National Child Passenger Safety Week is a yearly reminder that many child passenger deaths are entirely preventable.

Yes, there are campaigns and telethons hosted by famous people to raise money or aid for countries or areas affected by Hurricanes or Earthquakes, which can bring immediate awareness and urgent requests for help from many different entities.  However, there are other campaigns that run throughout the year and are just as, if not more, important in curbing the chance that there will be a large loss of innocent life. National Child Passenger Safety Week is one of them. In Montgomery County, Maryland, the MCPD (Montgomery County Police Department's) Twitter page has brought much needed attention to the issue of child passenger safety with the help of other agencies like the Department of Transportation and the National Highway Traffic Safety Administration.  The campaign is meant to "generate awareness about the importance of the proper use of car seats, boosters, and seat belts" and is running through the end of this week. Every year, far too many children die in automobile accidents because they were either not in a car seat or they were in a car seat that was recalled, expired, or not designed for their height/weight. These are considered preventable deaths and the goal of National Child Passenger Safety week is to raise awareness and prevent them. The Montgomery County Place Department also urged on their Facebook page that "parents and caregivers ... ensure that their child has the proper safety protection in a vehicle (car seat, booster seat, seat belt) based on the child’s age, height, and weight, and to know Maryland law regarding child passenger safety laws."  Information on Maryland child passenger safety laws can be found here. [caption id="attachment_4098" align="aligncenter" width="505"]Image of Caption, "Let's Celebrate Child Passenger Safety Week! NHTSA." Image of Caption: "Let's Celebrate Child Passenger Safety Week! NHTSA.gov/TheRightSeat."[/caption] There is a lot of helpful information at the Child Passenger Safety Board website as well. Car collisions are the leading cause of death for children below the age of 13. It is estimated that a child is involved in a car crash every 33 seconds in the United States. These deaths are very preventable.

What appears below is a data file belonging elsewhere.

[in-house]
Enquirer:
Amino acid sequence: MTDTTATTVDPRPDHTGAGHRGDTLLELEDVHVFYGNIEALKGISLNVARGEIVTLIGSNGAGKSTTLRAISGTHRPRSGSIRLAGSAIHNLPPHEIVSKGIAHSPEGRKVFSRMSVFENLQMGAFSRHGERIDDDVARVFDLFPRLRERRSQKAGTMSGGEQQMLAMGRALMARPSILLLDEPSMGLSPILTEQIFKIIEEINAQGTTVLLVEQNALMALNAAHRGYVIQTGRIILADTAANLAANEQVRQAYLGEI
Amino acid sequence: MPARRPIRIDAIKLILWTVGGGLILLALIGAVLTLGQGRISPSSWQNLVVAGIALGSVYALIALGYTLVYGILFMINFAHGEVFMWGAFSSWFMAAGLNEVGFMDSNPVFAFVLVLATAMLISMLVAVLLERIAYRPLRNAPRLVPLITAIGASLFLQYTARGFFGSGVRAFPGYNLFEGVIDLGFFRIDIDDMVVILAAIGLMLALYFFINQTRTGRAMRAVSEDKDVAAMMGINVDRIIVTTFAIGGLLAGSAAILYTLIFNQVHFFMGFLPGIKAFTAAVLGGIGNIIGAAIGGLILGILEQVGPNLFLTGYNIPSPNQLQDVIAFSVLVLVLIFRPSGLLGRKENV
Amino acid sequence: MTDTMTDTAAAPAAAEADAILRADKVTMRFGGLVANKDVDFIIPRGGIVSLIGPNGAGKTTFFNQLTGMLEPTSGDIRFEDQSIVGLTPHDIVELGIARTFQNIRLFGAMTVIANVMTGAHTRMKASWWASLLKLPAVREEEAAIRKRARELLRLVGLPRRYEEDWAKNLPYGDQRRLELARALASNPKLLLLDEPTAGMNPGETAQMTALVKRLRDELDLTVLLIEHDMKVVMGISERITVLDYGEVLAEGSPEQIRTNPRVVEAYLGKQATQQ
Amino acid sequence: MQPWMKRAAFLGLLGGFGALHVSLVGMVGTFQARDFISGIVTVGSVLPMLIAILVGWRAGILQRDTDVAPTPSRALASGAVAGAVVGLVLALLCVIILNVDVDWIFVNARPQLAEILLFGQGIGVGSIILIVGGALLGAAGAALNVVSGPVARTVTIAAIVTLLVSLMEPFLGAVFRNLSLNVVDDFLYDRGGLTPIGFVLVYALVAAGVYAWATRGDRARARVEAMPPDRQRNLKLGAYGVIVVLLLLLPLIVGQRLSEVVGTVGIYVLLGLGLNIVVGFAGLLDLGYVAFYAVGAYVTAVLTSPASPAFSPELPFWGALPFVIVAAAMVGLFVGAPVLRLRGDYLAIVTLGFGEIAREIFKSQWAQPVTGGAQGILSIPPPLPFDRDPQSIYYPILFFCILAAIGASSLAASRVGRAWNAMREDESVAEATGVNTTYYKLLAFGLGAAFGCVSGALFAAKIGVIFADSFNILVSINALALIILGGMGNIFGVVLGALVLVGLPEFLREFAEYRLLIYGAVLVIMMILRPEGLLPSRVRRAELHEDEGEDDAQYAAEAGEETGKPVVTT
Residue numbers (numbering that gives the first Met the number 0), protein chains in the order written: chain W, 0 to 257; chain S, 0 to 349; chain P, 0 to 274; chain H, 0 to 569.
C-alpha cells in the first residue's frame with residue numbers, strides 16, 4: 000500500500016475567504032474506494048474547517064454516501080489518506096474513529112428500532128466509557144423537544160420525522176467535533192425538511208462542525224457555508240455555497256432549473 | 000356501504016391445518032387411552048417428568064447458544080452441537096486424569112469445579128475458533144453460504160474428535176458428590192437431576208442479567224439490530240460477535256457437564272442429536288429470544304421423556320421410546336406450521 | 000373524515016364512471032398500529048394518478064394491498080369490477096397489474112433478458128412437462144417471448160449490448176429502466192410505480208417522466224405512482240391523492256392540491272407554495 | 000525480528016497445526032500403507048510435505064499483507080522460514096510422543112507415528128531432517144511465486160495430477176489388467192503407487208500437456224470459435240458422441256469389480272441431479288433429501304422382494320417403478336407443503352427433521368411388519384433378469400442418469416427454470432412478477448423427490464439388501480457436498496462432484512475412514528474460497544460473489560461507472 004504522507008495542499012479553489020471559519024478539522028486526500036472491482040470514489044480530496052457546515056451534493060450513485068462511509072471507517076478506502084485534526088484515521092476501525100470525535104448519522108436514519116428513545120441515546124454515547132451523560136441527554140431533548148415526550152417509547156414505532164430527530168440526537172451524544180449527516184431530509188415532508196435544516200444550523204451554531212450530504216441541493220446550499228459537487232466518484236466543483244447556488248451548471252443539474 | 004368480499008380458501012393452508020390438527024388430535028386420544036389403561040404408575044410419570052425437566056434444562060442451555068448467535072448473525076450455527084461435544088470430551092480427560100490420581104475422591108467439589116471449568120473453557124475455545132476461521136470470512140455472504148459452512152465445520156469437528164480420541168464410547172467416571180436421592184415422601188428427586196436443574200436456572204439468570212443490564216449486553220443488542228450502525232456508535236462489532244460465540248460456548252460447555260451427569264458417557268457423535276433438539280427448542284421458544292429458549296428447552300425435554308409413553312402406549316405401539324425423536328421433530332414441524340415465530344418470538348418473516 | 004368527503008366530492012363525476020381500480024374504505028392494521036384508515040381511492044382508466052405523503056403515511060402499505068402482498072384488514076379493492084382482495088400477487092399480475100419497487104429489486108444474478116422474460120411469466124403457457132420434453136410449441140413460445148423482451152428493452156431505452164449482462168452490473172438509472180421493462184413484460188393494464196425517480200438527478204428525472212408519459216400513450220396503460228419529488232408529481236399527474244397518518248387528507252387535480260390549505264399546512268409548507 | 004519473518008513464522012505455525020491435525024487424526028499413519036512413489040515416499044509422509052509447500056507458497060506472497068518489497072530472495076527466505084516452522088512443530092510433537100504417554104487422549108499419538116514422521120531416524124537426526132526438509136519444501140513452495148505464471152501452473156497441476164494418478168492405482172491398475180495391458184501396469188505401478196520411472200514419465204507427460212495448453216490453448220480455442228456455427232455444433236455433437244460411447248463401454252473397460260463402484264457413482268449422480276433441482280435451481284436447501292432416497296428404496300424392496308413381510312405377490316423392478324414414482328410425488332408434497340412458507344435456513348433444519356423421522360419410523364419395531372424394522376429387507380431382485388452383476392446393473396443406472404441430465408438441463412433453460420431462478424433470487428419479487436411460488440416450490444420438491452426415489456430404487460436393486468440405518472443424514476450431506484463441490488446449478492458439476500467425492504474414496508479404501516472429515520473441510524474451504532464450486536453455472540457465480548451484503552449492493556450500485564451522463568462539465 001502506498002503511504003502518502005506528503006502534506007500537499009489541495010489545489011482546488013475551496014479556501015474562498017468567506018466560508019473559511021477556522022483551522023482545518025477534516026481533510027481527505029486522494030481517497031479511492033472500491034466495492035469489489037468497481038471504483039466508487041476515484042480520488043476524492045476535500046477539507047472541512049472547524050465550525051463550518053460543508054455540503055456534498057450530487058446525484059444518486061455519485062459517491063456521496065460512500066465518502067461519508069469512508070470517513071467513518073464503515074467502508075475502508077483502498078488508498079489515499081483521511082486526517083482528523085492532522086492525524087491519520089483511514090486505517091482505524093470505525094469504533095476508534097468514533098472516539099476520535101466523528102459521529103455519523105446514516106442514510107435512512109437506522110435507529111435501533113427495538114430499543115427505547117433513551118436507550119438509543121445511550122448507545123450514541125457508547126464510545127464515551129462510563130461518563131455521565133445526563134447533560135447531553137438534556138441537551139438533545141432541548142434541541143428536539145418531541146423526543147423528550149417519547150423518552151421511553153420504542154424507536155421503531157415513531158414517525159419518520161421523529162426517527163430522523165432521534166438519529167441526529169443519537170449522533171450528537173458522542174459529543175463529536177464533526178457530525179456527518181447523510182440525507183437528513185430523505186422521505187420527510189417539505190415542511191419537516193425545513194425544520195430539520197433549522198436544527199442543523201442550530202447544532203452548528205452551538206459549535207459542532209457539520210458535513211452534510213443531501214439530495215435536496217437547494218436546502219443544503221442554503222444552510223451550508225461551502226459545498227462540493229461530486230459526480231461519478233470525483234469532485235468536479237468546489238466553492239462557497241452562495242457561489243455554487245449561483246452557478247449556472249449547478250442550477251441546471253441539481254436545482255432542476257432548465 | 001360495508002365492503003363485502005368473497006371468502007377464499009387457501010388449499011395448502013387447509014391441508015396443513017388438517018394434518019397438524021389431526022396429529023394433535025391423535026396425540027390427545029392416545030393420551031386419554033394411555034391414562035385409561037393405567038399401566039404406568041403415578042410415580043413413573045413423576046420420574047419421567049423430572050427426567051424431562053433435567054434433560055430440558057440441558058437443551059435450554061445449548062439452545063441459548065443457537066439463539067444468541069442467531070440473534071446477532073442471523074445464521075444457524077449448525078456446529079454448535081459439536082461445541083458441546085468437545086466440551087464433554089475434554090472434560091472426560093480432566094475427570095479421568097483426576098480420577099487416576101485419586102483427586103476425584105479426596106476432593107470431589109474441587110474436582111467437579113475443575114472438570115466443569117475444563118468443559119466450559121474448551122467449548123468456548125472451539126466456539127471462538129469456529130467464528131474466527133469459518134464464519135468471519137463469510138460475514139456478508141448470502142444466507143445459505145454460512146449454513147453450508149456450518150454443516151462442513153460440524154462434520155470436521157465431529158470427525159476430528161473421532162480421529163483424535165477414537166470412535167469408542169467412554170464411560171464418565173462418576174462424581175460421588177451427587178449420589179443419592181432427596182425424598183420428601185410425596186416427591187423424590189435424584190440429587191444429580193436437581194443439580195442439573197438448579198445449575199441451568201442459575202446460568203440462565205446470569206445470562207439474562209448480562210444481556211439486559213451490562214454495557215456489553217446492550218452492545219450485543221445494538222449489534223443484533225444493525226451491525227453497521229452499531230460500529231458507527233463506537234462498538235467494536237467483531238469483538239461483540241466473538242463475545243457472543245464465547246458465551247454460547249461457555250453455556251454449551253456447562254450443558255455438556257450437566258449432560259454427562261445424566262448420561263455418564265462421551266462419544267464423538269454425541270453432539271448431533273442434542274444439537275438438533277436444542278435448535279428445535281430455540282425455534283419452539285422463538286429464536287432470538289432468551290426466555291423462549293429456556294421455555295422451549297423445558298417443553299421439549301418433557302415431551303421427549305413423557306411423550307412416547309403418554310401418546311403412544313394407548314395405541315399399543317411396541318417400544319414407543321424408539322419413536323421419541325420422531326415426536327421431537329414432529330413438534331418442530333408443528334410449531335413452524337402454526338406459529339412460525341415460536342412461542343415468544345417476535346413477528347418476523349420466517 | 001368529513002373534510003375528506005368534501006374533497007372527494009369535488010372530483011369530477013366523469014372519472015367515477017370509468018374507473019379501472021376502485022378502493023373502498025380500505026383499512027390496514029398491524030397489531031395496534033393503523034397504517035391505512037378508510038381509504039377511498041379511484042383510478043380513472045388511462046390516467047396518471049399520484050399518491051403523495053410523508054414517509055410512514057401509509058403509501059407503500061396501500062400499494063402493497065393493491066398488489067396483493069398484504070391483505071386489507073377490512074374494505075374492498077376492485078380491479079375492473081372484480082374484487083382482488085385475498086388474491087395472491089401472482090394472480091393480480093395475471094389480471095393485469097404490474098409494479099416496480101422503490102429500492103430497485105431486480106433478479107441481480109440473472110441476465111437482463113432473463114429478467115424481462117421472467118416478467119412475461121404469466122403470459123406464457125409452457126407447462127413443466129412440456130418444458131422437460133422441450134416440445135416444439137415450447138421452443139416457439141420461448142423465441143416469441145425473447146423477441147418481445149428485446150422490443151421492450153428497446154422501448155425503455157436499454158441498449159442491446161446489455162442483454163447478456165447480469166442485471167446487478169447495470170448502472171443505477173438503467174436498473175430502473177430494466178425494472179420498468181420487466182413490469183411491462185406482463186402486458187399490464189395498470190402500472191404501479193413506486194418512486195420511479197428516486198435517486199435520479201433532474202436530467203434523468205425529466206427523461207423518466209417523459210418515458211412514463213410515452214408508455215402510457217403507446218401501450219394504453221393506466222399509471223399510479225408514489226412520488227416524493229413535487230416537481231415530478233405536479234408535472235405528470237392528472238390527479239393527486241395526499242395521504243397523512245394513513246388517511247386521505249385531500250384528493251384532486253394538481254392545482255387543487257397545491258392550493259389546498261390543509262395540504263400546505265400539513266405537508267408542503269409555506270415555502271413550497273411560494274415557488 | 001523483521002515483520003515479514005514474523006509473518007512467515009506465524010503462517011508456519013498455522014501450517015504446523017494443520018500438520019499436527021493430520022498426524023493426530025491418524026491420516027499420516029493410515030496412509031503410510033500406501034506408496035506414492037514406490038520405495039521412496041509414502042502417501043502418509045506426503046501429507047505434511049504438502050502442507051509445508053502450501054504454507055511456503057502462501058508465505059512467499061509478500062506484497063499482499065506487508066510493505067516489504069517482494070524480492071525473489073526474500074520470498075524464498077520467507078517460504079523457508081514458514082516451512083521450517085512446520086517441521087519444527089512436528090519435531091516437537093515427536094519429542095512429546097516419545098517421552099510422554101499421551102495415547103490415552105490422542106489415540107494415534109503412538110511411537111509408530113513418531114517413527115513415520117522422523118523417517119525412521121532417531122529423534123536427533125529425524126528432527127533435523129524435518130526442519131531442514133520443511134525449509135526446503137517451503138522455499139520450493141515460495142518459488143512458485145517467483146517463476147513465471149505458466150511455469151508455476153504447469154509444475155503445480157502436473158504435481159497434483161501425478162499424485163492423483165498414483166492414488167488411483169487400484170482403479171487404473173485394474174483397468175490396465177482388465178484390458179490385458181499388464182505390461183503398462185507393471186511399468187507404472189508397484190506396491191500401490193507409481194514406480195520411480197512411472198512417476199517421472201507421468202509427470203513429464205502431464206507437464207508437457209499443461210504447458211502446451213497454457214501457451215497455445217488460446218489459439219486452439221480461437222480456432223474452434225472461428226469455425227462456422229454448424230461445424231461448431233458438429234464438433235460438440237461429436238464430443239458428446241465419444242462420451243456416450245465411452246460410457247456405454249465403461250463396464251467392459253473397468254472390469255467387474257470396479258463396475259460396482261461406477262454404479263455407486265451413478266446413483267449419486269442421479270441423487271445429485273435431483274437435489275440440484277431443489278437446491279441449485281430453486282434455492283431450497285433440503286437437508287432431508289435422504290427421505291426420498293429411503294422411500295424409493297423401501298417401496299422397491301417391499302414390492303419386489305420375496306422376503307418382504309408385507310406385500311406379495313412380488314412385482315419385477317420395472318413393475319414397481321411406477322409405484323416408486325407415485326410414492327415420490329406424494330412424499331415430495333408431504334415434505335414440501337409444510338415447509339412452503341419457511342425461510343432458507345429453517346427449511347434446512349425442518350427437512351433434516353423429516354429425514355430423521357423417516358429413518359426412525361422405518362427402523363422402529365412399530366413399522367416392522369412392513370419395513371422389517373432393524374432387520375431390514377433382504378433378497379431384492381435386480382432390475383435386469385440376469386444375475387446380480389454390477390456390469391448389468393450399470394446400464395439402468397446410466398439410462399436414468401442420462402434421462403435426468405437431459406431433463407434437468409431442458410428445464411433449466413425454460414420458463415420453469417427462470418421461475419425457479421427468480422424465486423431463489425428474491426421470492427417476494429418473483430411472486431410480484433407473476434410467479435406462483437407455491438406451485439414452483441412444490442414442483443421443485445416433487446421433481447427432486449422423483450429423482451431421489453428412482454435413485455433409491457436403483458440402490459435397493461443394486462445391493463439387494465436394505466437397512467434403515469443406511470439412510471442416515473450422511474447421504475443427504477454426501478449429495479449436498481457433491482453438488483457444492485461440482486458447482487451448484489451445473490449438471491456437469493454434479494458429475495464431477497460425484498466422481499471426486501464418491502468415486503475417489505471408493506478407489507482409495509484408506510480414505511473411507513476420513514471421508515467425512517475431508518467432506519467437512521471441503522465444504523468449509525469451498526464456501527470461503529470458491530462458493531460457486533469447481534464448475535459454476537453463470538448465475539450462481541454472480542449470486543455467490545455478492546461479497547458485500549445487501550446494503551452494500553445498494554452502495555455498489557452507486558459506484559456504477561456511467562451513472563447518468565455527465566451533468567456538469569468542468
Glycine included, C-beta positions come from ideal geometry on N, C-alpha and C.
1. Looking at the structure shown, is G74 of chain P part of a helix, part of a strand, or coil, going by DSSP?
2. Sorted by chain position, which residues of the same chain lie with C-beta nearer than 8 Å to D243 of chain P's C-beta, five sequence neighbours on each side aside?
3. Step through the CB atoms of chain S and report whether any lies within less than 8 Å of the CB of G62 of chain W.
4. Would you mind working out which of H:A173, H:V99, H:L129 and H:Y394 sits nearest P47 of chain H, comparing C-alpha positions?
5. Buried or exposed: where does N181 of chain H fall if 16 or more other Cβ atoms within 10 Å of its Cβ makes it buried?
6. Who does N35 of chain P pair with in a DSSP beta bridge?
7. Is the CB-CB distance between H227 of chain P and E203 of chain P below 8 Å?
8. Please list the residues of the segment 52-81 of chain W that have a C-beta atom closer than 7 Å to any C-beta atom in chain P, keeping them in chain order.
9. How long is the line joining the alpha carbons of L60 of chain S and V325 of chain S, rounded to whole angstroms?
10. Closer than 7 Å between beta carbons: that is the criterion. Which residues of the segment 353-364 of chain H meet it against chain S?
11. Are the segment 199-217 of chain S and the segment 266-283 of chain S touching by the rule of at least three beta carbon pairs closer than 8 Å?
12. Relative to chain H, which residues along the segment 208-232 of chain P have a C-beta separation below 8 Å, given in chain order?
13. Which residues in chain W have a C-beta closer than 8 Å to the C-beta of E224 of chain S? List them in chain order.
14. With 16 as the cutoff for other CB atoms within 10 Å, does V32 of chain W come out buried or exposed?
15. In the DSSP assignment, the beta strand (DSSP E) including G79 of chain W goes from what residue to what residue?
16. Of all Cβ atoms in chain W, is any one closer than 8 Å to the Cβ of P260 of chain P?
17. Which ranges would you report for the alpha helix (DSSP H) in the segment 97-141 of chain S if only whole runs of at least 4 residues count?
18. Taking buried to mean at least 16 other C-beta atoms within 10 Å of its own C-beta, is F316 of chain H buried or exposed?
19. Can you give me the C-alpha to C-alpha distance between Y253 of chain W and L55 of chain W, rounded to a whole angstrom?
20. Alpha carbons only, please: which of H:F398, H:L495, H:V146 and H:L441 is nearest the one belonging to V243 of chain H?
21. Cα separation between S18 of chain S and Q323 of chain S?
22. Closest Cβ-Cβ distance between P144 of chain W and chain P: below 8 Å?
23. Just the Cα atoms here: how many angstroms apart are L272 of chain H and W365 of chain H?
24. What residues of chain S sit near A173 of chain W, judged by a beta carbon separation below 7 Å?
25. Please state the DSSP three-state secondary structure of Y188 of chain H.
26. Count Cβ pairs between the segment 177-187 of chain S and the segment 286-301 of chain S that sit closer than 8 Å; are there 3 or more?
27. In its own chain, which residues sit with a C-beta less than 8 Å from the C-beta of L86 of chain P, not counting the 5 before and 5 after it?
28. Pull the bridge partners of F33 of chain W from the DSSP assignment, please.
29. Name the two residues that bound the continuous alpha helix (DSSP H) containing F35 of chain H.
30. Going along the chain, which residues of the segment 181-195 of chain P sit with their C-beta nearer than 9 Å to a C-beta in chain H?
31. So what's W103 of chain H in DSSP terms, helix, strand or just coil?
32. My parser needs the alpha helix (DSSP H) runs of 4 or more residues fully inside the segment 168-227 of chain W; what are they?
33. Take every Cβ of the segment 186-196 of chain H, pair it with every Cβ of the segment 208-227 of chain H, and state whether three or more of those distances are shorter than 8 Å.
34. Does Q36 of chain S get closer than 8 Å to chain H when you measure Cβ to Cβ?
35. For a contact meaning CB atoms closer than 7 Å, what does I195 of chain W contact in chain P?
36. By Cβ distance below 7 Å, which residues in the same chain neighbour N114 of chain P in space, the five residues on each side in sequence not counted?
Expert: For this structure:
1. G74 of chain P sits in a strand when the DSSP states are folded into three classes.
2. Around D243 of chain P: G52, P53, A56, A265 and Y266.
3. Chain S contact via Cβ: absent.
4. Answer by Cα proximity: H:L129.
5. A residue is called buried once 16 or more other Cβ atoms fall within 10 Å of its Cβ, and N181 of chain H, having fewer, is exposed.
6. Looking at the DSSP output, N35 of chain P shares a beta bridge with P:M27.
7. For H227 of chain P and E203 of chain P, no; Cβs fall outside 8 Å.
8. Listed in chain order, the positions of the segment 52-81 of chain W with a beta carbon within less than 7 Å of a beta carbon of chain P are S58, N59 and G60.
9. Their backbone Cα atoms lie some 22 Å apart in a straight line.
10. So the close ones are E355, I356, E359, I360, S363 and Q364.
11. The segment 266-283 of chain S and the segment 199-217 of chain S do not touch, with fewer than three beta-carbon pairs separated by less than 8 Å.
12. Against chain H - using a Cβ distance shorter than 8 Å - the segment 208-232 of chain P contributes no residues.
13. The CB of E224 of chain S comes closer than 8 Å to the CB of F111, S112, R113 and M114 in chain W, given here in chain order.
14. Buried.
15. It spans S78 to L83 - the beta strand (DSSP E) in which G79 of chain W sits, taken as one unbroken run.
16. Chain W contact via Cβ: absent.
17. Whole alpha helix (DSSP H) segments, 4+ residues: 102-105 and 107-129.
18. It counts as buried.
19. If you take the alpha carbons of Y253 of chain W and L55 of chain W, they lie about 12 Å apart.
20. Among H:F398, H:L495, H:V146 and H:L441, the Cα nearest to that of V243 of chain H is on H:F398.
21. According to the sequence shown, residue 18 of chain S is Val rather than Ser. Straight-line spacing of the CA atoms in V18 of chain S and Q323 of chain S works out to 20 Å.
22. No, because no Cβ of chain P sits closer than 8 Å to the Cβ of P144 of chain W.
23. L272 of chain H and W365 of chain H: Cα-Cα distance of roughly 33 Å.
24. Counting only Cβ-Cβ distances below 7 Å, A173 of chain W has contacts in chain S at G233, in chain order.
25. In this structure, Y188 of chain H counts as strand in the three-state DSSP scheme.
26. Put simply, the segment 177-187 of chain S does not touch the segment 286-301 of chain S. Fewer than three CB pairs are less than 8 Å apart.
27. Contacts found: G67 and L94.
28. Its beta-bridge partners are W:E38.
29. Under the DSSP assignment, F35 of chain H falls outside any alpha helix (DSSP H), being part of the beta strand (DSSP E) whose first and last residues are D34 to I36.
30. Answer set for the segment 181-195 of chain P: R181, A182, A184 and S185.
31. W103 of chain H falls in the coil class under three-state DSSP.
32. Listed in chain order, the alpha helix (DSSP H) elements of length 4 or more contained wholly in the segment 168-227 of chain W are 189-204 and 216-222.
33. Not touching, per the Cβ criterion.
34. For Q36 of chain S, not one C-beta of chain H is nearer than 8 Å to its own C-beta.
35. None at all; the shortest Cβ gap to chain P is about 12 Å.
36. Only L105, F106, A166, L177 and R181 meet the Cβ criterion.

What can parents and adults do to keep their child passengers safe?

Read up on the materials. There are a number of excellent brochures published by the National Highway Traffic Safety Administration. You can download the NHTSA toolkit to help parents and others make sure their young passengers are safe in a vehicle here. When it comes to picking a car seat for your child, the first thing you need to do is pick the right seat. A child's age, weight, and height all contribute in deciding which car seat or booster seat to choose. Once you arrive at a model, it is important to make sure that the seat hasn't been recalled or pulled from the market. Many people who purchase car seats second-hand or re-use car seats they bought years ago for another child run the risk of unknowingly putting their kid in an expired or recalled seat. Unless you are purchasing a child car seat brand new, right off the shelf, make sure that the seat you are using is actually safe. Car seats are typically good for six years after manufacture and those important dates can usually be found either on the back or underside of the car seat. You can also use the seat's manufacturer information and serial number to determine whether it has been recalled. Car seats are meant to keep children safe, but they can only work if the seats themselves are safe! Many retailers - like Target or Babies R Us - will actually run programs where you can turn in your expired seat and receive a significant discount towards the purchase of a new seat. Also, make sure that the seat you are using is a good fit for your child. Read up on the height, weight, and age ranges that your seat is designed for. Putting a child in a car seat that is either too big or too small for him or her can be just as dangerous as buckling them in with just a seat belt. And if your child demands that he or she be allowed to sit in the car without a car seat, don't just take their word for it. Once your kid reaches seven or eight years old, they're going to want to ditch the booster seat and ride in the car like an adult. Just remember that your child will never know more than the team of doctors, scientists, and engineers at the Department of Transportation or the National Highway Traffic Safety Administration...

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